Descriptions of an illness compatible with chikungunya date back to 1779, including potential outbreaks in the Western Hemisphere (9,–11), but CHIKV was not identified until the 1950s in what is now southern Tanzania (1, 6, 12). Occasional outbreaks also occurred in Asia from the late 1950s through the latter 20th century (1, 12,–14). Phylogenetic studies initially identified three CHIKV lineages: the West African, East/Central/South African (ECSA), and Asian lineages(15, 16). However, in 2004, the Indian Ocean lineage (IOL) emerged from an ECSA strain and caused a large outbreak that began in coastal Kenya and spread to the Comoros, La Réunion, and islands of the Indian Ocean (Fig. 2) (12, 13). This new lineage spread across Asia and the South Pacific, with smaller outbreaks occurring in Western Europe following introductions by returned travelers (12, 17,–19). In late 2013, the first cases of chikungunya were identified in St. Martin, and CHIKV quickly spread throughout the Caribbean and the Americas (20). This outbreak was almost exclusively caused by Asian lineage strains, with a small number of ECSA lineage infections being reported in Brazil (12, 14, 21). Although the number of cases declined markedly from 2014 to 2017, CHIKV transmission continues in the Americas (PAHO.org), and outbreaks occur in Asia and Africa, with autochthonous cases being documented in Italy as recently as 2017 (22).
During an outbreak, CHIKV is maintained in a human-mosquito-human cycle of transmission by A. aegypti and A. albopictus mosquitoes, in a pattern similar to that for DENV (1, 23). Attack rates have been relatively low in temperate regions (24), but rates as high as 50 to 75% have been reported during outbreaks in the tropics (25,–27). Such high attack rates help explain the occurrence of human coinfections with CHIKV, DENV, and/or ZIKV, which have been reported from the Americas and Asia (7, 28,–33), and individuals with these coinfections may present with more severe manifestations (7, 30). A meta-analysis of available publications on CHIKV coinfections revealed that CHIKV-DENV coinfections were most common (44/109 studies), but CHIKV-malaria coinfections were reported in several studies (5/109) (28, 29, 34). During interepidemic periods, CHIKV may be maintained by other mechanisms, leading to persistence in a region and the potential for sporadic outbreaks (35,–38).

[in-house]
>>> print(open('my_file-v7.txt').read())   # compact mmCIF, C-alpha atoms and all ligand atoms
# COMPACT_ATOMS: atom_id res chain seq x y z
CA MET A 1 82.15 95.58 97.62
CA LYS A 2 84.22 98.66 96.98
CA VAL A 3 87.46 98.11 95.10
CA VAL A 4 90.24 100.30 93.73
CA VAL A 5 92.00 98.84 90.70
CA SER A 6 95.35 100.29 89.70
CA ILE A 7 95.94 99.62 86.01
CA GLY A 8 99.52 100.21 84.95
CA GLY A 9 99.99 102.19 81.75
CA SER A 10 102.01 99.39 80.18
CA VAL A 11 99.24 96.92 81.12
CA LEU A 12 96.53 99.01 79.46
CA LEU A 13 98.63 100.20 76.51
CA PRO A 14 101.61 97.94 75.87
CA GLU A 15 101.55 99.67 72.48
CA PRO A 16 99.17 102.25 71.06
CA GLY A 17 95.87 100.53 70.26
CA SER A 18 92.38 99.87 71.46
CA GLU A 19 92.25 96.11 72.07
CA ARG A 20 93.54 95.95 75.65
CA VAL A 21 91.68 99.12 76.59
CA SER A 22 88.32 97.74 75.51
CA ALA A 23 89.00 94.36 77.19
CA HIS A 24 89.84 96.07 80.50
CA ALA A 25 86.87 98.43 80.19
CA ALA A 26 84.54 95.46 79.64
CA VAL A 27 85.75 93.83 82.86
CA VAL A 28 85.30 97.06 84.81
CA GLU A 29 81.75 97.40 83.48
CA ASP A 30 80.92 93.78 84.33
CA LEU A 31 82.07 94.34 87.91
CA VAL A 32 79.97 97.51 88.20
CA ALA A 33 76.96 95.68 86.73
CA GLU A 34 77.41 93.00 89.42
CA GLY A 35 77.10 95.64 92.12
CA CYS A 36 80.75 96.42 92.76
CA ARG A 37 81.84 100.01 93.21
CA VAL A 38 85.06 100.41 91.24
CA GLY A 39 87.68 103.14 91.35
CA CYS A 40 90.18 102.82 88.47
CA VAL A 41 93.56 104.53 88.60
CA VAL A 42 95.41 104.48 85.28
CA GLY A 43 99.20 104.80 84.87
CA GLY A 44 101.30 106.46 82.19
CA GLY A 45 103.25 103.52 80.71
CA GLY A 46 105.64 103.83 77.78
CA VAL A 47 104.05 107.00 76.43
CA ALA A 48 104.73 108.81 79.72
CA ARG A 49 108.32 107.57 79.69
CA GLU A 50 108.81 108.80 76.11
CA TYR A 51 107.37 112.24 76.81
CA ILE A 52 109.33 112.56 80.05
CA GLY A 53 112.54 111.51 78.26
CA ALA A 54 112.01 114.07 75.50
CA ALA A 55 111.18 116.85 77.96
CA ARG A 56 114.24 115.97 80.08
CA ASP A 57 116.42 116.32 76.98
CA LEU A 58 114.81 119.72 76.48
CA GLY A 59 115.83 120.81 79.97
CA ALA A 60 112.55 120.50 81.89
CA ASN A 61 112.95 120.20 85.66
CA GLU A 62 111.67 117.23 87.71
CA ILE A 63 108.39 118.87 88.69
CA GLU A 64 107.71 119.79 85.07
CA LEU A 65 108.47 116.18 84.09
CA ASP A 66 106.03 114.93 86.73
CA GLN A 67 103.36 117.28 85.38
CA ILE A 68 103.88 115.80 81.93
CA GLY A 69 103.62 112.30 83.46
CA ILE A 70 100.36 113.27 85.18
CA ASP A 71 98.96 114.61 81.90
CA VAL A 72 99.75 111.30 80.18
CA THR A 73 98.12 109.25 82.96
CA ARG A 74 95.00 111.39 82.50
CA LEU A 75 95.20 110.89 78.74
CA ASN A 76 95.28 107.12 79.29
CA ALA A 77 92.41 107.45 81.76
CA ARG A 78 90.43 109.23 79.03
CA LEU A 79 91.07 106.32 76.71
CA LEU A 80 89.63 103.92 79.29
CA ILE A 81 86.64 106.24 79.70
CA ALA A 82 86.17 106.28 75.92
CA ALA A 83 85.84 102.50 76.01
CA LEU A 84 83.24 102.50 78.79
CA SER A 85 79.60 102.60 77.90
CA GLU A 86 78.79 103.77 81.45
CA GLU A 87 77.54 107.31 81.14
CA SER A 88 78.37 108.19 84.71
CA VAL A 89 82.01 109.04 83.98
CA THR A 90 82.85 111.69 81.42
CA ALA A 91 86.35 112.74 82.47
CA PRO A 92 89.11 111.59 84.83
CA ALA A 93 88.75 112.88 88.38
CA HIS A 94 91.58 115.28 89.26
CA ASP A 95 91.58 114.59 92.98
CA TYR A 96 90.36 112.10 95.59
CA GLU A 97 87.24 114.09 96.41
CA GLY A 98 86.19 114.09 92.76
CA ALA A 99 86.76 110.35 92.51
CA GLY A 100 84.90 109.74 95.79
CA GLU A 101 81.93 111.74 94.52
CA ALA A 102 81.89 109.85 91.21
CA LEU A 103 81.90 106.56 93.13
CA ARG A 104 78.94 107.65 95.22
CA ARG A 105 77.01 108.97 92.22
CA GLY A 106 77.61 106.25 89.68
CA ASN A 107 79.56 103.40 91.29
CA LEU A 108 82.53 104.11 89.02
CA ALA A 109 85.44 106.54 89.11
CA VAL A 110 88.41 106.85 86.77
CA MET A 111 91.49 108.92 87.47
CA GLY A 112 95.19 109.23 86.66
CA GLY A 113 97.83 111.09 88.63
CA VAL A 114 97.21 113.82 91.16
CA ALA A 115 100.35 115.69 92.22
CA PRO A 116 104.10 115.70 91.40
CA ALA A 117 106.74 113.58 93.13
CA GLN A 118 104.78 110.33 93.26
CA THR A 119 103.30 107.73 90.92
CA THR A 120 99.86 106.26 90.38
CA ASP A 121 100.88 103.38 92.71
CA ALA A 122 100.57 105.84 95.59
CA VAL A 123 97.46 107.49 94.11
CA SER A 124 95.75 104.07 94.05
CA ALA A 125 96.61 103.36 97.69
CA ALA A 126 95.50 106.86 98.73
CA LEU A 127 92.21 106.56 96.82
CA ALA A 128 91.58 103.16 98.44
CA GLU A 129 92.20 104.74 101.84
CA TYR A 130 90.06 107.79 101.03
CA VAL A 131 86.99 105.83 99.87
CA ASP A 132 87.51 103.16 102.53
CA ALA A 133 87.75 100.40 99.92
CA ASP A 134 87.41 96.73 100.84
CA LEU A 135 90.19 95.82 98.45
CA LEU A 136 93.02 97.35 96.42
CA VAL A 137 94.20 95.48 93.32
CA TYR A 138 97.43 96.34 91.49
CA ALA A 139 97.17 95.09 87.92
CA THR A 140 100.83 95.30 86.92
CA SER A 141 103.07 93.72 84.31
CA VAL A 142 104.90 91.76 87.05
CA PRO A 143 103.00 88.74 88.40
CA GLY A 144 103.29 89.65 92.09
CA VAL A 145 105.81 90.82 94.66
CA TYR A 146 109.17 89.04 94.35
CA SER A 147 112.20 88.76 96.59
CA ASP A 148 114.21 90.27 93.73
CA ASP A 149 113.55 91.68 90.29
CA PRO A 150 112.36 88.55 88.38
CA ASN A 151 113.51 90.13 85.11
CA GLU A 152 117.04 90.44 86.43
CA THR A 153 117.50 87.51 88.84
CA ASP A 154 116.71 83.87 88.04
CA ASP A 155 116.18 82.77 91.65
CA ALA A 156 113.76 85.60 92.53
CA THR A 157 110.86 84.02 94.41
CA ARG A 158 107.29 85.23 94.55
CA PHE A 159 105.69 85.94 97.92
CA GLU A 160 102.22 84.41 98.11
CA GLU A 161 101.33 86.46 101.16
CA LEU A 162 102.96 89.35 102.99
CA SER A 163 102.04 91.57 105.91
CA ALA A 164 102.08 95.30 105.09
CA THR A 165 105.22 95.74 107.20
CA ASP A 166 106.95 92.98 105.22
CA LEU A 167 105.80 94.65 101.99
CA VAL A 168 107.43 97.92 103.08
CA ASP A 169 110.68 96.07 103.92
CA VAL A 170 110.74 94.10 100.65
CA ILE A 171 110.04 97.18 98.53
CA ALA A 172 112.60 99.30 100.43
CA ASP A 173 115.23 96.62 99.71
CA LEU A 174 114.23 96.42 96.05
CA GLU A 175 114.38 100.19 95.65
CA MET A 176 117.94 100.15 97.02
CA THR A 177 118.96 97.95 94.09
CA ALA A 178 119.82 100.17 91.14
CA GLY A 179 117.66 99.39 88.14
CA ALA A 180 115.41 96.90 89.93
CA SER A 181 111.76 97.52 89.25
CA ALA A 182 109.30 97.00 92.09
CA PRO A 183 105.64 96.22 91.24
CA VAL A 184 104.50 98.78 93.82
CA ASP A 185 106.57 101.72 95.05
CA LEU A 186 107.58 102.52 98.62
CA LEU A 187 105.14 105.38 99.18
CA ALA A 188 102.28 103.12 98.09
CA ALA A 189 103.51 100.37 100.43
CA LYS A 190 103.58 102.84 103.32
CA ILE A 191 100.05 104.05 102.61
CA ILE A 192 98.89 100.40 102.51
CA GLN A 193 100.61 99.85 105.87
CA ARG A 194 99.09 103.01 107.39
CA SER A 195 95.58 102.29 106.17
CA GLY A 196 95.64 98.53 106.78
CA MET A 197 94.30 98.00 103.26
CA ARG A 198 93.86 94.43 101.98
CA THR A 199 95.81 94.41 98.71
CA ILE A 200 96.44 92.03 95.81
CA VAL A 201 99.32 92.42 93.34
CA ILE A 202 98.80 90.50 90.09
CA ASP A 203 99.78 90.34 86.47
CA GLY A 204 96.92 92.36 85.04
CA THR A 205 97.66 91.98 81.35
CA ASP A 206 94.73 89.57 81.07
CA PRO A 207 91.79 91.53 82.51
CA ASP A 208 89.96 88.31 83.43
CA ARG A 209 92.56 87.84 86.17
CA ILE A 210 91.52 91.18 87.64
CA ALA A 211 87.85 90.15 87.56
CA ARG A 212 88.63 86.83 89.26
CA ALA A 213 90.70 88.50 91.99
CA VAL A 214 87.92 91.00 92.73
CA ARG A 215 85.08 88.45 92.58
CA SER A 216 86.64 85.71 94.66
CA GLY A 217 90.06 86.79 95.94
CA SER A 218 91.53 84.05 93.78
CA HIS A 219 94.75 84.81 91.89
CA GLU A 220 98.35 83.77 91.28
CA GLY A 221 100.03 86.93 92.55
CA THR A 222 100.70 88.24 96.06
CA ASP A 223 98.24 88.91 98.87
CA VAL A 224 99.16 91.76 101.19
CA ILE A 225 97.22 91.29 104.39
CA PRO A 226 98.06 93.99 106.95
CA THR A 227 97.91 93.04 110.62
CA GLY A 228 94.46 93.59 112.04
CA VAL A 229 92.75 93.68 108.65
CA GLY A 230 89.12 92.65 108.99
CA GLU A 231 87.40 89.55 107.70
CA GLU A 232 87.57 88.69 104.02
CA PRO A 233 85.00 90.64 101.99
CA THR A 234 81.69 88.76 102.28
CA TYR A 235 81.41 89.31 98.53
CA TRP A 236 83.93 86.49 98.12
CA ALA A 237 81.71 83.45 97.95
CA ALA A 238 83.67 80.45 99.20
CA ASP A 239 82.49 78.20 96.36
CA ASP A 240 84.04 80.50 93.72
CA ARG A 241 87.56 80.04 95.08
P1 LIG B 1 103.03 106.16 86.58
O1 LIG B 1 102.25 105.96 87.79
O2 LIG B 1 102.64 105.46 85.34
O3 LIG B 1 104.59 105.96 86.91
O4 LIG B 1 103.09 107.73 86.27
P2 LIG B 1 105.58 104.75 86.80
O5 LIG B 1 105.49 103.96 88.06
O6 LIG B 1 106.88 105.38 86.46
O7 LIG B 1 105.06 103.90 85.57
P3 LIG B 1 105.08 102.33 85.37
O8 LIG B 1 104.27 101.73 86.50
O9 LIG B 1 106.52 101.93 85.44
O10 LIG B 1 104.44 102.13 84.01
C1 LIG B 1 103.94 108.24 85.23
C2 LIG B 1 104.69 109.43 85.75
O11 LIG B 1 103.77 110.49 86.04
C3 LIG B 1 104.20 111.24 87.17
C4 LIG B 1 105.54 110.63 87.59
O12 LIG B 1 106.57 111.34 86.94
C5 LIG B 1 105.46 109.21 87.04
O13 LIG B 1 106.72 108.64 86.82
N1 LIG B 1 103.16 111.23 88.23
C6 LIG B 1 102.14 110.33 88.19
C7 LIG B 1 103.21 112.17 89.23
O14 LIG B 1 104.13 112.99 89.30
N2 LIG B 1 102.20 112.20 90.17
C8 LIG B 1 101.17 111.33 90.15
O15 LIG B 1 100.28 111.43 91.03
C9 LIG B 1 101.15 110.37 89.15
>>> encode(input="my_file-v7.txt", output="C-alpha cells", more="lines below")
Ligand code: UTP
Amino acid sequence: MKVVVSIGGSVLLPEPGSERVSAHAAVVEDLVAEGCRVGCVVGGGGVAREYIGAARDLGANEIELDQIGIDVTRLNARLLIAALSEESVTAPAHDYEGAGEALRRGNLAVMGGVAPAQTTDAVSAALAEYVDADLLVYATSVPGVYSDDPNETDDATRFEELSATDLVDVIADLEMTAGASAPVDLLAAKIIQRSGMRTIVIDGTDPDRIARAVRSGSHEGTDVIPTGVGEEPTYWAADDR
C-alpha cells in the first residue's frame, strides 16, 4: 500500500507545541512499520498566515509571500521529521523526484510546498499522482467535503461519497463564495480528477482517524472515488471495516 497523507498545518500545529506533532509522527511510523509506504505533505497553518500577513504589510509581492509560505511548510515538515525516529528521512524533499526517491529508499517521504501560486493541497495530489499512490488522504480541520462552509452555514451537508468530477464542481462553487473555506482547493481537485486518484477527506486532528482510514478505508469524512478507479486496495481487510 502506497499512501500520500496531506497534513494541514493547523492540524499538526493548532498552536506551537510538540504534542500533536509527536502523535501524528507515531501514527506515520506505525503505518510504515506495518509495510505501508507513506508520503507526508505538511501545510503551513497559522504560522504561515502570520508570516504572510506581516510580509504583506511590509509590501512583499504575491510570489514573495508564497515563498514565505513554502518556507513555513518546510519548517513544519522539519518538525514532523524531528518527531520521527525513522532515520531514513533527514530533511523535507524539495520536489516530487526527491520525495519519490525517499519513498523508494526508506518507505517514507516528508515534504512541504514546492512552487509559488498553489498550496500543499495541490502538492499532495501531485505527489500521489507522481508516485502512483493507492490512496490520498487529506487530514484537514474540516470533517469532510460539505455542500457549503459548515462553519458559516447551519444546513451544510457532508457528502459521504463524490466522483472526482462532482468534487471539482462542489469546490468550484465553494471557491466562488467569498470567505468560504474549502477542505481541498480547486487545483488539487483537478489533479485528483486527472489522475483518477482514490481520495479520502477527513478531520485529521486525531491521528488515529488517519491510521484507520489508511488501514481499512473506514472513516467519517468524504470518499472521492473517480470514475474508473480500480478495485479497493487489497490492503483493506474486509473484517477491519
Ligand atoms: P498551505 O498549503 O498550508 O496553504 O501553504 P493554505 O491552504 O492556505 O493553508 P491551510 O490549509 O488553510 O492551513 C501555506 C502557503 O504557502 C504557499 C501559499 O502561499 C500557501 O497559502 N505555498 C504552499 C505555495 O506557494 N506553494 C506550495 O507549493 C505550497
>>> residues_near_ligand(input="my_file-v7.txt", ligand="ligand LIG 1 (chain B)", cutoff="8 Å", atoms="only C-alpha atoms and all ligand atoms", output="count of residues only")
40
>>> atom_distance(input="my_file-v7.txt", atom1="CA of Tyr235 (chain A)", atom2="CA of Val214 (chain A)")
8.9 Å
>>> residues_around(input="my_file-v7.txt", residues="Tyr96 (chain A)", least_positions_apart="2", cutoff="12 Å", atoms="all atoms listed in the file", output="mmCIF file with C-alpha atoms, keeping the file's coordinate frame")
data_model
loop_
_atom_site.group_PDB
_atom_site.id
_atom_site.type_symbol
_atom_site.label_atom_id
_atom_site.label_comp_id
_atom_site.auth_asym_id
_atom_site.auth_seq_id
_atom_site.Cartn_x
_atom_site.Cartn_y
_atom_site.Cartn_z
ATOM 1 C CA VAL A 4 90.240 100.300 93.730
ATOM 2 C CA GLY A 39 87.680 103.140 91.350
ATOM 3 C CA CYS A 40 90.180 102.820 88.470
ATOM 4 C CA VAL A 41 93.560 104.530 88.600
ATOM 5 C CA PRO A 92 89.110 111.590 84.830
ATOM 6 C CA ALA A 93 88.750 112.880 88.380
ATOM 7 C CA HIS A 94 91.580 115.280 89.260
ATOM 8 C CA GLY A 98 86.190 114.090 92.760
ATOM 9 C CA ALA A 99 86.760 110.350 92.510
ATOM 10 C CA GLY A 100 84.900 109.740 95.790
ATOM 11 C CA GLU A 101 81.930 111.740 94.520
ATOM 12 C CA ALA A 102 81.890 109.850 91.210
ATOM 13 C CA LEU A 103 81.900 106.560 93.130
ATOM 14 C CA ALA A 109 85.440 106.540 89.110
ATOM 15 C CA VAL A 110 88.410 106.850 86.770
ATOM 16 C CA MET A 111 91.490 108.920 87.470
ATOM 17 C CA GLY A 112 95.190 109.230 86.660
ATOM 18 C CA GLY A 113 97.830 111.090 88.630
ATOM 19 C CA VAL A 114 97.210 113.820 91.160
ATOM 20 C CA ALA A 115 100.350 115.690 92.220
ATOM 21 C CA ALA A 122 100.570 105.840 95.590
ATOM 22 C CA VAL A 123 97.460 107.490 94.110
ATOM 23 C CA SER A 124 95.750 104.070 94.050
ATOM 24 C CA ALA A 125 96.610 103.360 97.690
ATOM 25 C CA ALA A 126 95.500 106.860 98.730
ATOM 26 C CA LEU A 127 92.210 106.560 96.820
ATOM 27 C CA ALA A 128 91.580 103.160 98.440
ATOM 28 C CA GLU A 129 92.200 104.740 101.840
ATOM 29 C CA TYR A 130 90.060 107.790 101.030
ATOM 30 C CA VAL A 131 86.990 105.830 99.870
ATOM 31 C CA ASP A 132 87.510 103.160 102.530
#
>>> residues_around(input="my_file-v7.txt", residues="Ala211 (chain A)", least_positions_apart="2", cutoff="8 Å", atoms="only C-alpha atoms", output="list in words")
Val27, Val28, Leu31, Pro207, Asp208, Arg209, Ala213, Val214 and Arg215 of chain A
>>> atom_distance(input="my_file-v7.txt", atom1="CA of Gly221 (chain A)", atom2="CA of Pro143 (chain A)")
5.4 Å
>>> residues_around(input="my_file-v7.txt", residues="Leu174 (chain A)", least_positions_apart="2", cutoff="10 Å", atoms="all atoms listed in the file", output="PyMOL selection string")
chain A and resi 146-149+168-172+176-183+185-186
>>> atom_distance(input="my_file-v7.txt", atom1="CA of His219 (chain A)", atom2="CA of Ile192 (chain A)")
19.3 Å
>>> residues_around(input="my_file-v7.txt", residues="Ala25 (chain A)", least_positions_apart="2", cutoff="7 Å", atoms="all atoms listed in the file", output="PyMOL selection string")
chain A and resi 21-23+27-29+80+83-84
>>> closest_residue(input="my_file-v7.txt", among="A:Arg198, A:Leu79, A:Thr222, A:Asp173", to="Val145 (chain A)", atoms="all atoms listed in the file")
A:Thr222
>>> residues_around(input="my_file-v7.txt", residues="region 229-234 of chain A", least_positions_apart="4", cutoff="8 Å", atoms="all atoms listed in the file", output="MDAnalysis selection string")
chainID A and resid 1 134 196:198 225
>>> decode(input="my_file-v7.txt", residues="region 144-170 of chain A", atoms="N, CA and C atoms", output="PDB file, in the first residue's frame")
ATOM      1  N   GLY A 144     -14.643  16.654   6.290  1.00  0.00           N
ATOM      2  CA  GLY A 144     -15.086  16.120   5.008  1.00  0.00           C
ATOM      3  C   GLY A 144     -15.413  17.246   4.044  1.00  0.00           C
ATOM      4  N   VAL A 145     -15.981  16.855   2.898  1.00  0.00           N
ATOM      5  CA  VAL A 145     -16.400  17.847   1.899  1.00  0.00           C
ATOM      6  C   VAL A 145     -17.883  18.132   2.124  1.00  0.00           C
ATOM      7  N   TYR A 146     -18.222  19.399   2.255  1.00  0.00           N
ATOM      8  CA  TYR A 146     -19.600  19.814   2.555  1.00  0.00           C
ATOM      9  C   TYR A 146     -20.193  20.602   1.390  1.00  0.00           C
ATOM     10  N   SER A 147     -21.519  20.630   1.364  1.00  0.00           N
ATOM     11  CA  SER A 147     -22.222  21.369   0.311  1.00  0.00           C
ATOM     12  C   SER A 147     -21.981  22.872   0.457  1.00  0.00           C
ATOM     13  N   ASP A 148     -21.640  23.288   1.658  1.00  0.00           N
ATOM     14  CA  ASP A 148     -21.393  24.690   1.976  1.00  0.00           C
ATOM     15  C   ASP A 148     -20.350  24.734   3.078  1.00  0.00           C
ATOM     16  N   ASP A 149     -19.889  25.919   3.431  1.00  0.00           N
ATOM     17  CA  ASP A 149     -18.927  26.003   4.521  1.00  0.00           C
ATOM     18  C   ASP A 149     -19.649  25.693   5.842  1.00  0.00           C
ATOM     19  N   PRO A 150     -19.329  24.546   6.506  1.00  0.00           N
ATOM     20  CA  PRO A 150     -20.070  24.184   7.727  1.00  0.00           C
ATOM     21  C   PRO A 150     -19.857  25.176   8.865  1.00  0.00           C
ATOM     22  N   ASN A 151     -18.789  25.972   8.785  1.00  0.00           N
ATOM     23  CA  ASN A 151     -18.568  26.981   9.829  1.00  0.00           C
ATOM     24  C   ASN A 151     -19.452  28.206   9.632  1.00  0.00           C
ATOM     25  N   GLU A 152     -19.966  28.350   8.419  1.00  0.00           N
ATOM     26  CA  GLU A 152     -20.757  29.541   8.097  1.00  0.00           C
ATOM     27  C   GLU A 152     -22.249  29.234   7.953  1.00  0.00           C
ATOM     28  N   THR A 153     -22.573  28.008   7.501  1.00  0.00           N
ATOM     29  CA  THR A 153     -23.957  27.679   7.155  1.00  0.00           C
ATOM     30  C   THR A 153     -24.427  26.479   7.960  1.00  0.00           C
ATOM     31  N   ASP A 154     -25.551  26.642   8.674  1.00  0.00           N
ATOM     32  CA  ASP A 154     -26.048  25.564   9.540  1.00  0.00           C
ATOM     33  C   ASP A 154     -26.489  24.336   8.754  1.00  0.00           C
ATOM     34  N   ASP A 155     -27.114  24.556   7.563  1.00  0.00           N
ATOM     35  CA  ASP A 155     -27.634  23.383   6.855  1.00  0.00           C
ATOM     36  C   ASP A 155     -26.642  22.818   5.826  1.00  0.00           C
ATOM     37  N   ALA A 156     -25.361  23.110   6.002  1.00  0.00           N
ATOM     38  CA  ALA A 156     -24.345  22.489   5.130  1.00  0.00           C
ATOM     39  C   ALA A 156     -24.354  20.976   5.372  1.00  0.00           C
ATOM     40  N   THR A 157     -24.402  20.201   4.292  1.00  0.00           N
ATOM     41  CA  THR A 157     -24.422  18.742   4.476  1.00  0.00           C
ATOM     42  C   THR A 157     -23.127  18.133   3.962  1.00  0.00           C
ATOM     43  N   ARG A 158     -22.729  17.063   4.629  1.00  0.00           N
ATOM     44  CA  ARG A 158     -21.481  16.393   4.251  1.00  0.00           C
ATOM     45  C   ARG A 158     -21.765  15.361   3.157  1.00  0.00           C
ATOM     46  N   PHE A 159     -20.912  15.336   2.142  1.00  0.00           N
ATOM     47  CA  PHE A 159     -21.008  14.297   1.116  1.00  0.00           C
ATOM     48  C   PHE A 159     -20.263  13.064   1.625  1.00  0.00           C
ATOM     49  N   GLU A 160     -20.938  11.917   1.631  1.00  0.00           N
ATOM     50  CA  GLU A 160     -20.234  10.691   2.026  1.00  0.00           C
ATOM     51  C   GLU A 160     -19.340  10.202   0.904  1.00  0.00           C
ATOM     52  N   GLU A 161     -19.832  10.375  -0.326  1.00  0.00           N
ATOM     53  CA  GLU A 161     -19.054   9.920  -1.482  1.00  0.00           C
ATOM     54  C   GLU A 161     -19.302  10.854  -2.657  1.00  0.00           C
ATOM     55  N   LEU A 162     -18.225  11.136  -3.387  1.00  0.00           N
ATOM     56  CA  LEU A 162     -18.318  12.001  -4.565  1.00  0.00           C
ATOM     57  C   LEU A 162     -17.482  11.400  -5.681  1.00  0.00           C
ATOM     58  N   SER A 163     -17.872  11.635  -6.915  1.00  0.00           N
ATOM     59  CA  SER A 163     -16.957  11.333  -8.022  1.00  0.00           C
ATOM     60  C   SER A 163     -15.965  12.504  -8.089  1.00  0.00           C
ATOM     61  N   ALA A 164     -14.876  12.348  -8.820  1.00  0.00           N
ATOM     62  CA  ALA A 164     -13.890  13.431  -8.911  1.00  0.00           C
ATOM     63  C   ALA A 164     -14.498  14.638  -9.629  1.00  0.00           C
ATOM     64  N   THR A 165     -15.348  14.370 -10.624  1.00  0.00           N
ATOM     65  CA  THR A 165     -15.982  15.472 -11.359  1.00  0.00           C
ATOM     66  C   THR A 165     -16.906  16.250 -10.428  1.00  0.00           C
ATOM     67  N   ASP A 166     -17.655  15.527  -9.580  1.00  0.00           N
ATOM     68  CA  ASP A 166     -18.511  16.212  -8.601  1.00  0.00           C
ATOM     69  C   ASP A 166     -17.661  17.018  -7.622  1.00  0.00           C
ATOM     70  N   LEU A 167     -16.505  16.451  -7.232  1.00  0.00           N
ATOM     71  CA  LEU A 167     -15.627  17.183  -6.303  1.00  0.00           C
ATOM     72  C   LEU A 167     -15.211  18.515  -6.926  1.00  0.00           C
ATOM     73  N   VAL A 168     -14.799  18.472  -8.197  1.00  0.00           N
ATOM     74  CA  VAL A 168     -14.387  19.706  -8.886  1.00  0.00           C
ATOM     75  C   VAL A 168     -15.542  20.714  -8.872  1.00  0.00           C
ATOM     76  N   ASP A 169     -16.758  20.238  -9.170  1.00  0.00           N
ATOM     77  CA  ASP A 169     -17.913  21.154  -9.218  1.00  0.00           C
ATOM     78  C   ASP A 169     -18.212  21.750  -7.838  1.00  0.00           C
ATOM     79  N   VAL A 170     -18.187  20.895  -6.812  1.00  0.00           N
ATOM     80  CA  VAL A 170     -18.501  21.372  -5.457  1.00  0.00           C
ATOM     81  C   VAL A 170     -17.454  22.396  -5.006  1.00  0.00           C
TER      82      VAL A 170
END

CHIKV transmission has occurred in regions of endemicity for related alphaviruses, such as O’nyong-nyong virus (ONNV), Mayaro virus (MAYV), Venezuelan equine encephalitis virus (VEEV), and Ross River virus (RRV). Cross protection between alphaviruses has been documented in animal models (39, 40) and humans following natural infection (41) or sequential vaccination (42). In addition to cross protection, there are limited data on the potential for antibody-dependent enhancement (ADE) of alphavirus infections, with in vitro studies of RRV (43, 44) and Sindbis virus (45) suggesting ADE of alphaviruses at low antibody titers. In mice immunized against CHIKV, low IgG titers enhanced CHIKV infection (46, 47), but vaccine-elicited antibodies after RRV vaccination did not enhance CHIKV or RRV infection even at low titers (48). ADE from prior alphavirus exposures has not been documented in human infection (44), and the clinical significance of these experimental findings remain unclear.
ACUTE CLINICAL PRESENTATION AND DIFFERENTIAL DIAGNOSIS
Although it has been reported that a high proportion of CHIKV infections are symptomatic (80 to 97%) (1, 27, 49,–51), the ratio of symptomatic to inapparent CHIKV infections (S/I ratio) has varied markedly in the literature (5, 27, 52,–56). Factors associated with the S/I ratio include the presence of preexisting neutralizing antibodies to CHIKV (52, 55) and patient age (52, 54, 56, 57). Notably, both negative (54, 57) and positive (52) associations between age and symptomatic infection have been reported. Finally, the S/I ratio appears to be lineage dependent. In a recent reevaluation of the literature, it was found that ∼50% of infections with Asian lineage CHIKV strains versus ∼80% of infections with ECSA lineage strains (predominantly IOL strains) result in symptomatic infections (5). Insufficient data are currently available to estimate the S/I ratio for infections with CHIKV strains of the West African lineage.